As marijuana products become more accessible than ever before, the number of cannabis consumers grows worldwide. However, as the market expands, many are unable to identify the major differences or similarities between strains such as cannabis sativa and cannabis indica. This uncertainty is largely due to the disparity between public knowledge and current research. Although the sativa and indica strains are among the most recognizable in the marijuana market, research around benefits and effects is comparatively limited to other substances. Several experts believe that the stigma against marijuana research is due to the plant’s federal Schedule 1 status as an allegedly dangerous and addictive drug.
On September 14, 2021, the Center for Disease Control (“CDC”) and the U.S. Food and Drug Administration (“FDA”) warranted federal warnings against the usage and marketing of Delta-8 THC. In similar reports, these federal agencies warned against the use of Delta-8 because of the lack of research on the rare cannabinoid and the growing accessibility of these products in the market.
On June 28, 2021, the Mexican Supreme Court voted in an 8-3 ruling in favor of the decriminalization of marijuana. This ruling comes after Congress stalled a decision over cannabis legalization for over three years. The Mexican Supreme Court’s monumental ruling exerts pressure on the Mexican Congress to vote on cannabis legalization. If approved by Congress, Mexico would become the largest cannabis market in the world. Below, we outline the history behind this controversial matter and dissect what it means for the marijuana industry as a whole.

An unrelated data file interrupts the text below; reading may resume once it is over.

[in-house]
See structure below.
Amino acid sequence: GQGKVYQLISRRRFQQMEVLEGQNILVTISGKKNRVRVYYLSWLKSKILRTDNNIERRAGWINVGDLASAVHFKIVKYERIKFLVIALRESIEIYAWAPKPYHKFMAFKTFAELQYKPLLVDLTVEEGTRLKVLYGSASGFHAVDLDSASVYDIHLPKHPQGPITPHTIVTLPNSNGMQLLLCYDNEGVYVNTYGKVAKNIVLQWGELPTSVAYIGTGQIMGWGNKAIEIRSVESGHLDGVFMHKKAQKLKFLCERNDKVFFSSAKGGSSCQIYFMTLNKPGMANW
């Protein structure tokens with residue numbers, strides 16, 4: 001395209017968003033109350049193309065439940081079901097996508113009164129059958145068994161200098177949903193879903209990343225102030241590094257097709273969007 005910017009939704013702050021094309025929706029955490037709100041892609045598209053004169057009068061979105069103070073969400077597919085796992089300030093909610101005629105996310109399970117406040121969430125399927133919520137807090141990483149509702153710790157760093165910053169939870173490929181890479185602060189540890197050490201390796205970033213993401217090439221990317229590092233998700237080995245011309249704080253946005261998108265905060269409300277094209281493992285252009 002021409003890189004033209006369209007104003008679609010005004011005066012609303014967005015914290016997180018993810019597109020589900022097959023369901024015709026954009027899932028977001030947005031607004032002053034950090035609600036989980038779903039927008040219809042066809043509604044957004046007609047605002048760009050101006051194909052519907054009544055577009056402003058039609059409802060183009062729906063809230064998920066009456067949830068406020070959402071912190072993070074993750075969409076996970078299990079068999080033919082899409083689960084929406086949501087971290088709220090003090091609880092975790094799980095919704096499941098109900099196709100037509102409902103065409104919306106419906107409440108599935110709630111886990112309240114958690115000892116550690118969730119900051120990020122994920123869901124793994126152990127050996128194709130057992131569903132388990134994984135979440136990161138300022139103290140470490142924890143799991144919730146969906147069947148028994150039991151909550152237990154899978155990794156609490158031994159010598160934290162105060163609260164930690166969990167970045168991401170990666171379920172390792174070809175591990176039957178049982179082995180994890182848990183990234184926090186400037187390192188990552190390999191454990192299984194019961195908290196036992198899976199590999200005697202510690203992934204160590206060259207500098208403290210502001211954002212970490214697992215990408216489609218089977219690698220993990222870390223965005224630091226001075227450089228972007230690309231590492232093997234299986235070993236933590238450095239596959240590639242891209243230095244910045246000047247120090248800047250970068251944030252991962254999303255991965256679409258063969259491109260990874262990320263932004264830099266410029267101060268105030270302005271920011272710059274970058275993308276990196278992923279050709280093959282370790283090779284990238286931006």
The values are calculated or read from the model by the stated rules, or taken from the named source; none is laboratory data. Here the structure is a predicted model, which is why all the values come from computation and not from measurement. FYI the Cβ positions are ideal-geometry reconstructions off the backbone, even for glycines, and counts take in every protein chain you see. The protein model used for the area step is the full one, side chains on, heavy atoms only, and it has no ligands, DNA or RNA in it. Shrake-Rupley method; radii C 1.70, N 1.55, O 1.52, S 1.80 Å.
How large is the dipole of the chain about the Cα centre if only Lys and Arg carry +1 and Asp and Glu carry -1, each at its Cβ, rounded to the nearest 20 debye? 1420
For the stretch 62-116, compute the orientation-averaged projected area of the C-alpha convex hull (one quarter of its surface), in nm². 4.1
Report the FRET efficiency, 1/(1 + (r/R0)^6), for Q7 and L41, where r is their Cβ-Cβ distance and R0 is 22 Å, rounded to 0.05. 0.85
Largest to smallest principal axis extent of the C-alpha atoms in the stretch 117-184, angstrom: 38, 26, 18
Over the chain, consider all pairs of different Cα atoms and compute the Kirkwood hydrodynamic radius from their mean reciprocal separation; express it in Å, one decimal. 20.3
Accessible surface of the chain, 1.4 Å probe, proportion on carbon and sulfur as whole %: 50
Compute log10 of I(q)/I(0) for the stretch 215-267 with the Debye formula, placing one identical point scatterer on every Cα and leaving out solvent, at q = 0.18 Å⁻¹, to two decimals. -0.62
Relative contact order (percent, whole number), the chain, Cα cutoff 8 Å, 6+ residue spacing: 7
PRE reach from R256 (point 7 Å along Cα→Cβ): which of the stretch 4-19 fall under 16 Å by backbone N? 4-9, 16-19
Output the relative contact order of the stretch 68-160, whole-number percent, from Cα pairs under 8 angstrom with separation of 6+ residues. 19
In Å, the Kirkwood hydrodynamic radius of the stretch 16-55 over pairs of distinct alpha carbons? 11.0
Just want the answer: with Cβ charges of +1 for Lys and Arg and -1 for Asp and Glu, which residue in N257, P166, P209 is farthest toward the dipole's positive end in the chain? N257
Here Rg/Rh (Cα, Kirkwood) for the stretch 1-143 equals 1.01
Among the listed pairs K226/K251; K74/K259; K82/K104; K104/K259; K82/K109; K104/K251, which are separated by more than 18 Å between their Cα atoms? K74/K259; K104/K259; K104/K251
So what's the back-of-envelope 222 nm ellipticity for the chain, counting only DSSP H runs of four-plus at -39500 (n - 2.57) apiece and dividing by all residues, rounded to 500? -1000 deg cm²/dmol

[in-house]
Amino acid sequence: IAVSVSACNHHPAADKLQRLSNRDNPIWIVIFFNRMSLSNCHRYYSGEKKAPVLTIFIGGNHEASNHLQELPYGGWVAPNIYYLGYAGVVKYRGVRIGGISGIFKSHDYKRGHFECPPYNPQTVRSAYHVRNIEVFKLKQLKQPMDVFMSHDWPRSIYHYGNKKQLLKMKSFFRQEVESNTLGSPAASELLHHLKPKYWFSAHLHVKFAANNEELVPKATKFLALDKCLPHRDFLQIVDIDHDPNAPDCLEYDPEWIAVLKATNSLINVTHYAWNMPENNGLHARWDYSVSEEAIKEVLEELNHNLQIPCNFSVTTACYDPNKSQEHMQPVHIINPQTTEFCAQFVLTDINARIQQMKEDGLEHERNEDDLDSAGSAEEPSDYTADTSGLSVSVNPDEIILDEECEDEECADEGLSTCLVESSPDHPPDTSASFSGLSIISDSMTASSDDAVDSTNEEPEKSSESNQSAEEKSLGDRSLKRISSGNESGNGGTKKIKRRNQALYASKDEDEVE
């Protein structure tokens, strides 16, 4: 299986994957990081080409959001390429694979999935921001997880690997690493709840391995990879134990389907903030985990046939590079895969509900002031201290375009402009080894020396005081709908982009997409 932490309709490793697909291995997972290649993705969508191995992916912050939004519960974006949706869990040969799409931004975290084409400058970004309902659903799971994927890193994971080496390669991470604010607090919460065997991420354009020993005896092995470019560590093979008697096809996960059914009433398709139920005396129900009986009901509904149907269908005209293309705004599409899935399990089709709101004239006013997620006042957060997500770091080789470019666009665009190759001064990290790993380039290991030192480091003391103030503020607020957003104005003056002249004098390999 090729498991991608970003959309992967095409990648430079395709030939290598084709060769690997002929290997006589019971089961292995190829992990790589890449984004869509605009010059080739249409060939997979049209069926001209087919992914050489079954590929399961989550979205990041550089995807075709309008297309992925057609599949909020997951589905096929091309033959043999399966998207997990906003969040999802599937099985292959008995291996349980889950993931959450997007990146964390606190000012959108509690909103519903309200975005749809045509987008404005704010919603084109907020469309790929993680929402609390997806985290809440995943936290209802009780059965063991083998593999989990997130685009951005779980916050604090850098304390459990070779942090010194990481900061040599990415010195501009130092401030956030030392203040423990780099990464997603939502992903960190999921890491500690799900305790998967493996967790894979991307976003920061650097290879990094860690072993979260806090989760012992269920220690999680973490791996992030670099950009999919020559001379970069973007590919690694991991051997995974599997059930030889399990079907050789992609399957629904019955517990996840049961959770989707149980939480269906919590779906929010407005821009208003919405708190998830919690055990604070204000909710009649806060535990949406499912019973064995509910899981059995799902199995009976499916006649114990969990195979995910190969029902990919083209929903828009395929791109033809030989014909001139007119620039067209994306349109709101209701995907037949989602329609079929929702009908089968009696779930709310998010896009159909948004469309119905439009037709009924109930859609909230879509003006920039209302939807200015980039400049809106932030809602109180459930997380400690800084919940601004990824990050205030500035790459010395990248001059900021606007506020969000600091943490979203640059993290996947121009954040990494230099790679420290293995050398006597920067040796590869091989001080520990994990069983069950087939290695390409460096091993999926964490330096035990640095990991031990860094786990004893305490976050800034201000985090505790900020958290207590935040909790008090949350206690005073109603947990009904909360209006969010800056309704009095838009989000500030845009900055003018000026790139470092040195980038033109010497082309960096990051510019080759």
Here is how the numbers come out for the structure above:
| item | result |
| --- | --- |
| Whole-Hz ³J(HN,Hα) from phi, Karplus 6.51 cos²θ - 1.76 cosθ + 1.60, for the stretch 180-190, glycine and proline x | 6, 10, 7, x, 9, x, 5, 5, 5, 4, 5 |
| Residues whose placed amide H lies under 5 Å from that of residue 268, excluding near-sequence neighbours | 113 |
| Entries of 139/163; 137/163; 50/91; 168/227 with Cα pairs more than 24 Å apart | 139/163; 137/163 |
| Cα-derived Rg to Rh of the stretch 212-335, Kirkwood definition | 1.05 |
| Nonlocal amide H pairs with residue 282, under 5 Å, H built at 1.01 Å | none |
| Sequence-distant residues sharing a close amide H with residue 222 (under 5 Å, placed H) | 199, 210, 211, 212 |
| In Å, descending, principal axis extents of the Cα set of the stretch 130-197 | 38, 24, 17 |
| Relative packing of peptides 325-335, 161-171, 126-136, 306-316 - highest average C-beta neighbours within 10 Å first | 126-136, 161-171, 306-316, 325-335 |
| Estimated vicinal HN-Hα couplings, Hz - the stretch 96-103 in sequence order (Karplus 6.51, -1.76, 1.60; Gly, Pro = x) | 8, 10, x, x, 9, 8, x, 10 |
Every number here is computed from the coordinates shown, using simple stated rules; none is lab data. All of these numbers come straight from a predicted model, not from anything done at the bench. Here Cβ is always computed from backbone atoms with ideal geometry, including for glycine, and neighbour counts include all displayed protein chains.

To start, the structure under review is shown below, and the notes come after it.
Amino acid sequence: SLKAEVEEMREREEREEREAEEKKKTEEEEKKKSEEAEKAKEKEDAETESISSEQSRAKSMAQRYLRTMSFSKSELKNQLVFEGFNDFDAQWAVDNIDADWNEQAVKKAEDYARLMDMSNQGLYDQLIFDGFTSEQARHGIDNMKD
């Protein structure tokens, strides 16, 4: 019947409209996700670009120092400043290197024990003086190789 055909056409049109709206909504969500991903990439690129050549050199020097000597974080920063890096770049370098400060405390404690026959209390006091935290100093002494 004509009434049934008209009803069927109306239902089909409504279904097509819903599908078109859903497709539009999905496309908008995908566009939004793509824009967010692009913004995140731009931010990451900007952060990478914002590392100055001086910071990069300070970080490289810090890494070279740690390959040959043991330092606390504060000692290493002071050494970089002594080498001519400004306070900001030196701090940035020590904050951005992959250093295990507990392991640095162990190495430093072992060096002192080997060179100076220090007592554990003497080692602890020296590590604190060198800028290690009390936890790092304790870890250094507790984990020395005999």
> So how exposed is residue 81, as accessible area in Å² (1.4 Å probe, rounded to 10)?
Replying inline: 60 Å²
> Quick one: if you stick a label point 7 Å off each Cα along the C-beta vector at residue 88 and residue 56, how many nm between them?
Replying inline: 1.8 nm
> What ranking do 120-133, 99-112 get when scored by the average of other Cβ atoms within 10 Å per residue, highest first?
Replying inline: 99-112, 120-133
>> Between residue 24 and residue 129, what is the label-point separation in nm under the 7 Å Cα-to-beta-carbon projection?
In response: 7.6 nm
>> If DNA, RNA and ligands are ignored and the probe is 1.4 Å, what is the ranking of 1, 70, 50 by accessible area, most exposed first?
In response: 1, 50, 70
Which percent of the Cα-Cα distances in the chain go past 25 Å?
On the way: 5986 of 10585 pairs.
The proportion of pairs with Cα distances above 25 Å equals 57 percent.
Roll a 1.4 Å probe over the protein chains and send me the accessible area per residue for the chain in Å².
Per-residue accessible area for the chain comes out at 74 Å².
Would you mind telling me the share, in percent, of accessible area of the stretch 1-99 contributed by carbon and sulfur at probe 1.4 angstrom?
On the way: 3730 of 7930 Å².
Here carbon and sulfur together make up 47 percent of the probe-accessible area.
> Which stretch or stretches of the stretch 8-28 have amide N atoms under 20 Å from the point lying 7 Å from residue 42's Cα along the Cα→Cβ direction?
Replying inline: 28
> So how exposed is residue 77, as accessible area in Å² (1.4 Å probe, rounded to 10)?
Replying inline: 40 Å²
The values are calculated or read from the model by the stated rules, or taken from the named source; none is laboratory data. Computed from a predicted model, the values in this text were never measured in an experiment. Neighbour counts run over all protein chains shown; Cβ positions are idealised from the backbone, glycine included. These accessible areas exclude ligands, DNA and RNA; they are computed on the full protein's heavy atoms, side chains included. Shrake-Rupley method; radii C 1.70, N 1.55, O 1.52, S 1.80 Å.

On March 30, 2021, New York lawmakers voted in favor of legalizing adult-use cannabis after hours of debate in the State Senate and Assembly. Approximately 12 hours after the legislation was approved, Governor Andrew Cuomo signed the bill that legalizes marijuana for adults and expunges the criminal records of those previously convicted by actions that would now be legal under the new law.
After several years of failed attempts and efforts, New Jersey finally legalized marijuana on Monday, February 22, 2021, when Governor Philip D. Murphy signed three bills into law. These bills permit and regulate the use of recreational marijuana in the Garden State (with some strict stipulations) and focus on community outreach for previous marijuana-related convictions. The legalization of marijuana in New Jersey comes after a long run of unsuccessful attempts and hopes to end the era of arrests and ambiguity. Below, we take a closer look at New Jersey’s path to legalization of marijuana, as well as the recently enacted legislation itself.